Nigel Nicolson, the son of Harold Nicolson and Vita Sackville-West, went up to Balliol in 1935. In his account of the atmosphere of the place, the undiluted masculinism of college life is shown to have been deliberately encouraged by the dons and willingly entered into by the students: ‘We took our cue from the dons, who discouraged heterosexual love as irrelevant to our purpose in being there, and treated girls as blue-stockings who could not be expected to understand our male society’. Of course, to discourage heterosexuality is not quite the same as to encourage homosexuality; but at Oxford they often seemed part of the same process. Only a few innocents were shocked, for whatever reason, by the long-established celebrations of maleness that university life involved. One was the future prime minister, Edward Heath, a friend of Nicolson’s: ‘Once we went for a walk along the banks of the Cherwell and came to the spot, known as Parson’s Pleasure, where undergraduates had for centuries bathed in the nude. Ted had never heard of it and was shocked. “Why,” he said, “anyone might come along. Girls might come along,” and nothing would reassure him’.1 Heath was a grammar school boy. His reaction to Parson’s Pleasure – by Oxford standards apparently so prim – is to a large extent a matter of background and class. The attempts that Nicolson made to ‘reassure him’ are not specified (Girls don’t come this way? Girls don’t shock? Girls don’t matter?), but what is clear is that the very fact that Heath, whatever his own sexual orientation, introduced ‘girls’ into the equation, is what stigmatises him as an outsider. By Oxford rules – unwritten but cemented by extensive precedent, like the British constitution itself – certain pleasures, whether innocent or not, are inviolate. Their continuance is understood. The presence of shockable girls would say less about the source of the shock than about the facile shockability of girls. The pleasure of the parson, whether derived from merely watching or actually taking part, is paramount.
Another future prime minister, Harold Wilson, seems to have been similarly bypassed by the supposedly prevailing ethos of 1930s Oxford. Wilson was at Jesus College, considerably smaller and poorer than the likes of Christ Church and Balliol. A friend and contemporary later said to Wilson’s biographer: ‘We were very naïve and innocent. … For example, I don’t think I had ever heard of homosexuals when I was an undergraduate, and Harold may not have either. I had no idea that spies were recruited at Oxford’.2 Not that this should come as a surprise: espionage was, after all, a secret service; and homosexuality was still, for the most part, a love that dared not speak its name. Although Wilson would later preside over a mildly reformist Labour government, he absented himself from the vote on the Second Reading of the Sexual Offences Bill (6 February 1966), so as not to have to vote either way on the partial decriminalisation of male homosexual acts. At the time of the 1974 general election, Gay News judged that, of the three leaders of the main political parties – Labour’s Wilson, the Tories’ Edward Heath and the Liberals’ Jeremy Thorpe (of whom, more later) – Wilson was the least sympathetic to the question of gay rights.3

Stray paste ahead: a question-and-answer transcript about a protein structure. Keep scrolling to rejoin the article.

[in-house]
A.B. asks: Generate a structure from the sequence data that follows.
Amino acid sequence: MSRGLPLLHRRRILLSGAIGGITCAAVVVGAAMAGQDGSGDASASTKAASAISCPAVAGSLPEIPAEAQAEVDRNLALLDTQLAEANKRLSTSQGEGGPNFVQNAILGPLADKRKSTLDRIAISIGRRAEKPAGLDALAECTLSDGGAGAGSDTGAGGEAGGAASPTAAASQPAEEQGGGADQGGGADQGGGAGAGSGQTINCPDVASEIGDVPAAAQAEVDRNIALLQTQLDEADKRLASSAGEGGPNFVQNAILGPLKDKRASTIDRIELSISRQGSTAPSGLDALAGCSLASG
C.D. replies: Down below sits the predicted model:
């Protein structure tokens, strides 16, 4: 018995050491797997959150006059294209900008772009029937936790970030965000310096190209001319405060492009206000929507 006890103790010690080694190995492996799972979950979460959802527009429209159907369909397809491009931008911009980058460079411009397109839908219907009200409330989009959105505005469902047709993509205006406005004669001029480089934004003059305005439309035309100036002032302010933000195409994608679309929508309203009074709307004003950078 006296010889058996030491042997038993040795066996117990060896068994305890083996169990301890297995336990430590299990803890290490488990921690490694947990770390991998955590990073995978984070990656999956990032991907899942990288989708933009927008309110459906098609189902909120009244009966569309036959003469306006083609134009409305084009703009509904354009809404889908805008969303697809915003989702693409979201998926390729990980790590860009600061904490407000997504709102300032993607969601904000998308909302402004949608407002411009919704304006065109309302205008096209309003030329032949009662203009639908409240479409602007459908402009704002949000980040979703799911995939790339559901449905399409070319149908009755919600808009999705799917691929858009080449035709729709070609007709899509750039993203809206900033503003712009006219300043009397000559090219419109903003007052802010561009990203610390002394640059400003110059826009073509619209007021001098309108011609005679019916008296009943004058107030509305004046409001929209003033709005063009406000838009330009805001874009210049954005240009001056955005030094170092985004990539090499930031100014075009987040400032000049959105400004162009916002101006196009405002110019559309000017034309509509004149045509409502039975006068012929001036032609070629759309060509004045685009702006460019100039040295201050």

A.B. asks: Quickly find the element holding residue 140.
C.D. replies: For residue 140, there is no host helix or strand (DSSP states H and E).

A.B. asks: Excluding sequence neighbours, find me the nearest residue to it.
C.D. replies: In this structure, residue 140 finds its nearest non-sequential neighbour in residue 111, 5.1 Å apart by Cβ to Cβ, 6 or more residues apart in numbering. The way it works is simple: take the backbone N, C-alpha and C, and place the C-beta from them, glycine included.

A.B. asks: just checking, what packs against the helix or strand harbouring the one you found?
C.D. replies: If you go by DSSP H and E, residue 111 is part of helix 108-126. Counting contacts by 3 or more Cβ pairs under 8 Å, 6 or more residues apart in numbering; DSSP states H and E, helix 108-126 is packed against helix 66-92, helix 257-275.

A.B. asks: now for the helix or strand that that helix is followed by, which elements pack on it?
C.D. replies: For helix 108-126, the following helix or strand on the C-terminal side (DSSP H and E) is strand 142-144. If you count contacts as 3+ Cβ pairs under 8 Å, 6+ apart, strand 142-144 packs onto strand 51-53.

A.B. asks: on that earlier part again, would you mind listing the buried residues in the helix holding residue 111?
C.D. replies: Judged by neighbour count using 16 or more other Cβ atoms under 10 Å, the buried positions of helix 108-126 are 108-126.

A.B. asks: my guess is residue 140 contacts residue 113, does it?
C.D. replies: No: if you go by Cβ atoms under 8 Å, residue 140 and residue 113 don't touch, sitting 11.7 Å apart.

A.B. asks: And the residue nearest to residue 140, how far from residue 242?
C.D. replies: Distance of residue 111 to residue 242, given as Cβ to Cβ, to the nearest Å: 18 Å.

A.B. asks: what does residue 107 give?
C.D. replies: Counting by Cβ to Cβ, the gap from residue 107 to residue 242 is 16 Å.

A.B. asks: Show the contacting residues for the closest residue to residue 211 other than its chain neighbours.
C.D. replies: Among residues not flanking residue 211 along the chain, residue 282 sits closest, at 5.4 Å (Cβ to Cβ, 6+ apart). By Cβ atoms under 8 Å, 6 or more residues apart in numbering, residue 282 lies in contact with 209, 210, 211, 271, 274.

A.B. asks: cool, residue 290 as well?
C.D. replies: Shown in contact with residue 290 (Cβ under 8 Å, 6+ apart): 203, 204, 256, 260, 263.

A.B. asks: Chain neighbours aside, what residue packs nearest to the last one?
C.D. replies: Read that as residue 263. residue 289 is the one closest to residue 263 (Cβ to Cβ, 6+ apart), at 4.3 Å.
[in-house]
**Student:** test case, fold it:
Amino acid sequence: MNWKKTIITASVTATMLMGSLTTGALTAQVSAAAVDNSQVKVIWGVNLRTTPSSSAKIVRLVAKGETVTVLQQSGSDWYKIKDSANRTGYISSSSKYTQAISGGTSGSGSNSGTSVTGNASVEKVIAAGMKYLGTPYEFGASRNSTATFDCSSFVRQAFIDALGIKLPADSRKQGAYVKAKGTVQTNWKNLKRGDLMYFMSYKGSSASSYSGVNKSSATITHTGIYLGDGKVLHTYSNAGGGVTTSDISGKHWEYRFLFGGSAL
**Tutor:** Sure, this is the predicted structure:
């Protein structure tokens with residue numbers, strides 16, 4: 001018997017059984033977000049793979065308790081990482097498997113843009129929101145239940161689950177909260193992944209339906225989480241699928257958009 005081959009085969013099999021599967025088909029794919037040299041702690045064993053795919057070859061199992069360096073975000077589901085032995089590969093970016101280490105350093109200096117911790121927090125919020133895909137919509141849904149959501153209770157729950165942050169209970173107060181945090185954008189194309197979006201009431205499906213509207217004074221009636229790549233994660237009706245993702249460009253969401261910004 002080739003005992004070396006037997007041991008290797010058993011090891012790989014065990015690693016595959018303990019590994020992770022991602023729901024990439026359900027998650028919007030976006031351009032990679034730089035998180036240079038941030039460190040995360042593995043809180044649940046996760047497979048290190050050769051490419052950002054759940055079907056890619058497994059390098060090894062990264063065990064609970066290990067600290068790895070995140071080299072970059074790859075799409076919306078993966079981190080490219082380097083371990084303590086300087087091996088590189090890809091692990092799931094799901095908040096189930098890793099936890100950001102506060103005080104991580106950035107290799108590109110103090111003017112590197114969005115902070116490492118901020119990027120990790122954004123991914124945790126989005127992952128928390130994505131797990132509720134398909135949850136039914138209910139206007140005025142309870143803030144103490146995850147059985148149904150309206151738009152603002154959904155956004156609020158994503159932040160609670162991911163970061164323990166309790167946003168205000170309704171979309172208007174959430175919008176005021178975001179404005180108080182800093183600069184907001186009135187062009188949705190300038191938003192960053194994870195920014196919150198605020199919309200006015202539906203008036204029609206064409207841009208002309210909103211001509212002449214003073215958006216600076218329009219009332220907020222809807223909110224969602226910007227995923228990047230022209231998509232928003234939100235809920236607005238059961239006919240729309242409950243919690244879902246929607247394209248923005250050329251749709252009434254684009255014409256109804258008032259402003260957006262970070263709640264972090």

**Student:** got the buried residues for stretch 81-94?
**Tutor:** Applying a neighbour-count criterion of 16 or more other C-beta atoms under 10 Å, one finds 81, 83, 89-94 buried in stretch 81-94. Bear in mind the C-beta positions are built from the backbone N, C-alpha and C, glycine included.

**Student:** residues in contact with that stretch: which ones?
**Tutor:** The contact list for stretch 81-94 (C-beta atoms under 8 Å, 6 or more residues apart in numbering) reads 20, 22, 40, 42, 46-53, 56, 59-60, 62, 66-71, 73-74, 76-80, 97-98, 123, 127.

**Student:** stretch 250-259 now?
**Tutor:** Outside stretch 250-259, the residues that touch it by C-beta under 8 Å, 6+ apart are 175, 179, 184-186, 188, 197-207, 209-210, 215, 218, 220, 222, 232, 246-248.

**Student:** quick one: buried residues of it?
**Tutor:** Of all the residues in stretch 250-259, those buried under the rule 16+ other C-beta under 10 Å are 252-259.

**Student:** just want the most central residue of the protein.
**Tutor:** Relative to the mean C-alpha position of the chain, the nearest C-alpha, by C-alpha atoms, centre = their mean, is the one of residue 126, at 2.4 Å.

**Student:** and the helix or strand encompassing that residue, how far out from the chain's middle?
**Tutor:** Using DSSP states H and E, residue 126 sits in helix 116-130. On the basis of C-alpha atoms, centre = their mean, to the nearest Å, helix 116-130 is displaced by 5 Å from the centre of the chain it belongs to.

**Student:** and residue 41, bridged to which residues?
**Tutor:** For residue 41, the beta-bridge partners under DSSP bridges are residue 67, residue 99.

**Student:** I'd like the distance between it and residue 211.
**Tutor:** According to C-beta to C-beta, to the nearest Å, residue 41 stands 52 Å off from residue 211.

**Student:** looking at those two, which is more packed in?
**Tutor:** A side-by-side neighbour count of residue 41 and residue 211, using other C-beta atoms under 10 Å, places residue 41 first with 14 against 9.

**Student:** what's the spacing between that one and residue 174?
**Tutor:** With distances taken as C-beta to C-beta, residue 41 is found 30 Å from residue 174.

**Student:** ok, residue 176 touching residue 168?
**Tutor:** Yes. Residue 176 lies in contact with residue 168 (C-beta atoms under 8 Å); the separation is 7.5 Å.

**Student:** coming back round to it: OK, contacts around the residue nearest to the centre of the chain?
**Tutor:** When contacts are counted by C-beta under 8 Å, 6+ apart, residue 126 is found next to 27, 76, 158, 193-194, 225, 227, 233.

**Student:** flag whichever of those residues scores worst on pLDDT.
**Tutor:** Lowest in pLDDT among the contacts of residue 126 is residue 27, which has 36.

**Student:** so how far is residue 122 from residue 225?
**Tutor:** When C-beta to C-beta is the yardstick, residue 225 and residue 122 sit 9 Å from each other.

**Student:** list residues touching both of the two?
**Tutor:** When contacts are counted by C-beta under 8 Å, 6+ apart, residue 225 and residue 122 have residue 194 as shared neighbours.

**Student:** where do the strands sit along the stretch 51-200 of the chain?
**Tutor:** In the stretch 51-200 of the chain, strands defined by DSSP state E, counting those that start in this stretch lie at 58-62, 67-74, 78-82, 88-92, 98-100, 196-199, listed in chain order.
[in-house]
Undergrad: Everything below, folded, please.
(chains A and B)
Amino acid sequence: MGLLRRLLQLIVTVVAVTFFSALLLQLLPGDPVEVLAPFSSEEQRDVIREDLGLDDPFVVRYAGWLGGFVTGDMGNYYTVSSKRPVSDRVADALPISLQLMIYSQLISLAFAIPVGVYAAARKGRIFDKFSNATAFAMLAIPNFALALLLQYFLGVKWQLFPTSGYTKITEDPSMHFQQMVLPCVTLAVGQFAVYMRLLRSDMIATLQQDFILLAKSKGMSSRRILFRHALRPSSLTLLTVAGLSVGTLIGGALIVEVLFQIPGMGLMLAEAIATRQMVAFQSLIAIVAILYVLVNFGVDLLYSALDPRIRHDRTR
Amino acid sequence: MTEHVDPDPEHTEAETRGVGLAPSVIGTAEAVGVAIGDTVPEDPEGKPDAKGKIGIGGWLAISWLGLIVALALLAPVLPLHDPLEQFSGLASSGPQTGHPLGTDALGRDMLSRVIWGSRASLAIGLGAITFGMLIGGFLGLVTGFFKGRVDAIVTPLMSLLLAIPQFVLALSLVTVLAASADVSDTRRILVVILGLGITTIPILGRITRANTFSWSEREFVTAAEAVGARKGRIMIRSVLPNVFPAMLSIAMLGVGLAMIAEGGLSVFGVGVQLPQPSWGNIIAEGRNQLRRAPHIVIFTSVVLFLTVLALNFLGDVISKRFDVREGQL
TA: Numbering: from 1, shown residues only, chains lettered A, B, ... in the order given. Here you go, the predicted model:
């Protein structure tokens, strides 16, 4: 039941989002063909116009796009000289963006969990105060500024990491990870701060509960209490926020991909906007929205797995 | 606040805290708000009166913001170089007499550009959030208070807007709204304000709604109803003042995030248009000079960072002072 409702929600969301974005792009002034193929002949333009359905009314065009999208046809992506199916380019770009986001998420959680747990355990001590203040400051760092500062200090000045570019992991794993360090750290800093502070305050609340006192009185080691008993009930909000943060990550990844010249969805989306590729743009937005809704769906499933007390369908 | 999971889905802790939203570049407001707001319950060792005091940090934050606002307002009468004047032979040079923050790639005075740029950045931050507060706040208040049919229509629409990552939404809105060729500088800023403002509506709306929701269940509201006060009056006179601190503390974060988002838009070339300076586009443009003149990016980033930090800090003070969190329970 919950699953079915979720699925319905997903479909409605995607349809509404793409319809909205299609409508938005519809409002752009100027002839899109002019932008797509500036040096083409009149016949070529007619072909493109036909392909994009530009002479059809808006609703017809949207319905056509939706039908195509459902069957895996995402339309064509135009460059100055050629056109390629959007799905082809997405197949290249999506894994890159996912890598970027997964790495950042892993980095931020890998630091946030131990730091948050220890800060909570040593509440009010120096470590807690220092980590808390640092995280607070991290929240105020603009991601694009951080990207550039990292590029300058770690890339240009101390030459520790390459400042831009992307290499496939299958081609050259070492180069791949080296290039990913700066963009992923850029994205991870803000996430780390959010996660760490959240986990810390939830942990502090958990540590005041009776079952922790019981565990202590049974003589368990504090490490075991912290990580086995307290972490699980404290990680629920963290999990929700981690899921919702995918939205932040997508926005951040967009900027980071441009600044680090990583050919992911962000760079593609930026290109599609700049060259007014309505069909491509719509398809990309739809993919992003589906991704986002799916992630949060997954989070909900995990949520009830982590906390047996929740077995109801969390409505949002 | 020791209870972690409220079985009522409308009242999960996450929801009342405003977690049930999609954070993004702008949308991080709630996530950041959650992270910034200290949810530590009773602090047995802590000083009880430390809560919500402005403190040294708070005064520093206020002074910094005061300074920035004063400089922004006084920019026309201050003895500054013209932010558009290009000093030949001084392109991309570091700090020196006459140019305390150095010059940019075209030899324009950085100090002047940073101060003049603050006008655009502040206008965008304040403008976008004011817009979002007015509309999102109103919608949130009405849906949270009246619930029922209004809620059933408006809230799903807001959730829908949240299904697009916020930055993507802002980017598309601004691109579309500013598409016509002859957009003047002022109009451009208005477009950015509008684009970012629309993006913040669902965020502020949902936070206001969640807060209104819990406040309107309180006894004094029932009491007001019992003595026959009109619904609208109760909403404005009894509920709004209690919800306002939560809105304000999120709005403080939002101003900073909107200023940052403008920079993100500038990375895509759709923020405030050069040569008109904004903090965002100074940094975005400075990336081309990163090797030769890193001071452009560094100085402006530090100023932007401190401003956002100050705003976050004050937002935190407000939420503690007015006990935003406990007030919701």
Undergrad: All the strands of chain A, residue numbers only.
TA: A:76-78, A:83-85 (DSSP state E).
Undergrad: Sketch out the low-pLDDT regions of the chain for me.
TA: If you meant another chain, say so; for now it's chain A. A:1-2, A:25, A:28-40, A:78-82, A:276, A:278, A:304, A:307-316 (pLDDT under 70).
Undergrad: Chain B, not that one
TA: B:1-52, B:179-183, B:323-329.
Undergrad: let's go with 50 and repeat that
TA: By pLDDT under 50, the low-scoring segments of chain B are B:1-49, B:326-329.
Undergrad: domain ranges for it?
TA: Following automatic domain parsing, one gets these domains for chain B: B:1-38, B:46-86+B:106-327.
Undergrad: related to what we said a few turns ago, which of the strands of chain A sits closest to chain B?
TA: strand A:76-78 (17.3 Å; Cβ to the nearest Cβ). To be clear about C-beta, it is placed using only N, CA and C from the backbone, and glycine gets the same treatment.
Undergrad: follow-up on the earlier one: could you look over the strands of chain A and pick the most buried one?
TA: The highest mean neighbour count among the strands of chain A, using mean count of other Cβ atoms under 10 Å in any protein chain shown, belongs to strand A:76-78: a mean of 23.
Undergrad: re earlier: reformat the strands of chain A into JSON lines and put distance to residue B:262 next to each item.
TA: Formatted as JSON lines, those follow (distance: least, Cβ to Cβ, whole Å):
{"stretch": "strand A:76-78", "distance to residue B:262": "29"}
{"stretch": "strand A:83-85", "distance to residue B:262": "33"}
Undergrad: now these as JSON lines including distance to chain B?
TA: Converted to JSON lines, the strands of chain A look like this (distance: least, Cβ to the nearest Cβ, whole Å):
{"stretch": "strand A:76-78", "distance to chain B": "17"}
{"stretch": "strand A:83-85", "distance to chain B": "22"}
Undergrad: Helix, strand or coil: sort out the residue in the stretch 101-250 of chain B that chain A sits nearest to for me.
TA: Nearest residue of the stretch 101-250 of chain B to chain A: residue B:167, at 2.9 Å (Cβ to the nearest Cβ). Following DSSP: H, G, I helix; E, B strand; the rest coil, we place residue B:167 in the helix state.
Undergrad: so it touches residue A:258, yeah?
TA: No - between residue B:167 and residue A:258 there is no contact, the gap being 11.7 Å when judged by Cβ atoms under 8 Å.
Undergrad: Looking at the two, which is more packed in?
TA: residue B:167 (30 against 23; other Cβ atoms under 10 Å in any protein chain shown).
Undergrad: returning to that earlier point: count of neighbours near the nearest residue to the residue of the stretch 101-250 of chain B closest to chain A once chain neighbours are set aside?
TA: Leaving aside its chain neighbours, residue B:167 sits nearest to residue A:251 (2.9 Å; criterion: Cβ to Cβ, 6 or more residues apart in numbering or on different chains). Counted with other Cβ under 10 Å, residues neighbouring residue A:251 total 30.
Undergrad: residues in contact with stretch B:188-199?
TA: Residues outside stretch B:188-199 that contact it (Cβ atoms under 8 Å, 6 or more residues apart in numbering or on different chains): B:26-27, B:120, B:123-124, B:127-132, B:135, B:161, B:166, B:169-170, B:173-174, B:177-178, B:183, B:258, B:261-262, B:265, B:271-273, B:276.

Richard Crossman, who would be Harold Wilson’s Minister for Housing and Local Government, and later his Secretary of State for Health and Social Security, was better informed and better placed, as an undergraduate, not only to notice but also to take up the gay social and sexual opportunities the university offered him. Not only did he enjoy himself homosexually at that age—in his diary entry for 23 May 1929 he described a feverish Easter holiday in Cornwall with a young poet: ‘He kept me in a little white-washed room for a fortnight because his mouth was against mine and we were completely together’—but in later life when prominent in public life he openly acknowledged that aspect of his past. As his biographer puts it, ‘Dick never sought to conceal the fact that in his early years at Oxford he had operated predominantly as a homosexual. Given the circle, dominated by W.H. Auden, which he had chosen to infiltrate, it was hardly likely that it would be otherwise’. At Christ Church he competed with Auden for the affections of the heterosexual Gabriel Carritt.4 Auden did have a sexual relationship with Crossman, but on one occasion at least, Stephen Spender failed to seduce Crossman. Just as Spender was making his move, Crossman uttered the immortal lines: ‘You know, Stephen, since I met you my life’s entirely altered. When I first knew you I used to masturbate and I used to read pornographic books. But now, after being with you, all that’s stopped. I don’t masturbate and I’m absolutely pure!’ This successfully dampened Spender’s ardour.5 However, a further attempt must have been successful: for when Crossman died in February 1975, Spender recorded in his journal memories of ‘a reading party at Crackington Manor when I had a slight “affair” with Dick which was compounded of passion and lust on both sides, and was not in the least serious’.6
1 Nigel Nicolson, Long Life (London: Weidenfeld & Nicolson, 1997), p.66.
2 Ben Pimlott, Harold Wilson (London: Harper Collins, 1992), p47.
3 Stephen Jeffrey-Poulter, Peers, Queers and Commons: The Struggle for Gay Law Reform from 1950 to the Present (London: Routledge, 1991), pp 74, 111.
4 Anthony Howard, Crossman: The Pursuit of Power (London: Cape, 1990), p.24.
5 John Sutherland, Stephen Spender: The Authorized Biography (London: Viking, 2004), p.100.
6 Stephen Spender, Journals 1939-1983 (London: Faber, 1992), p.294.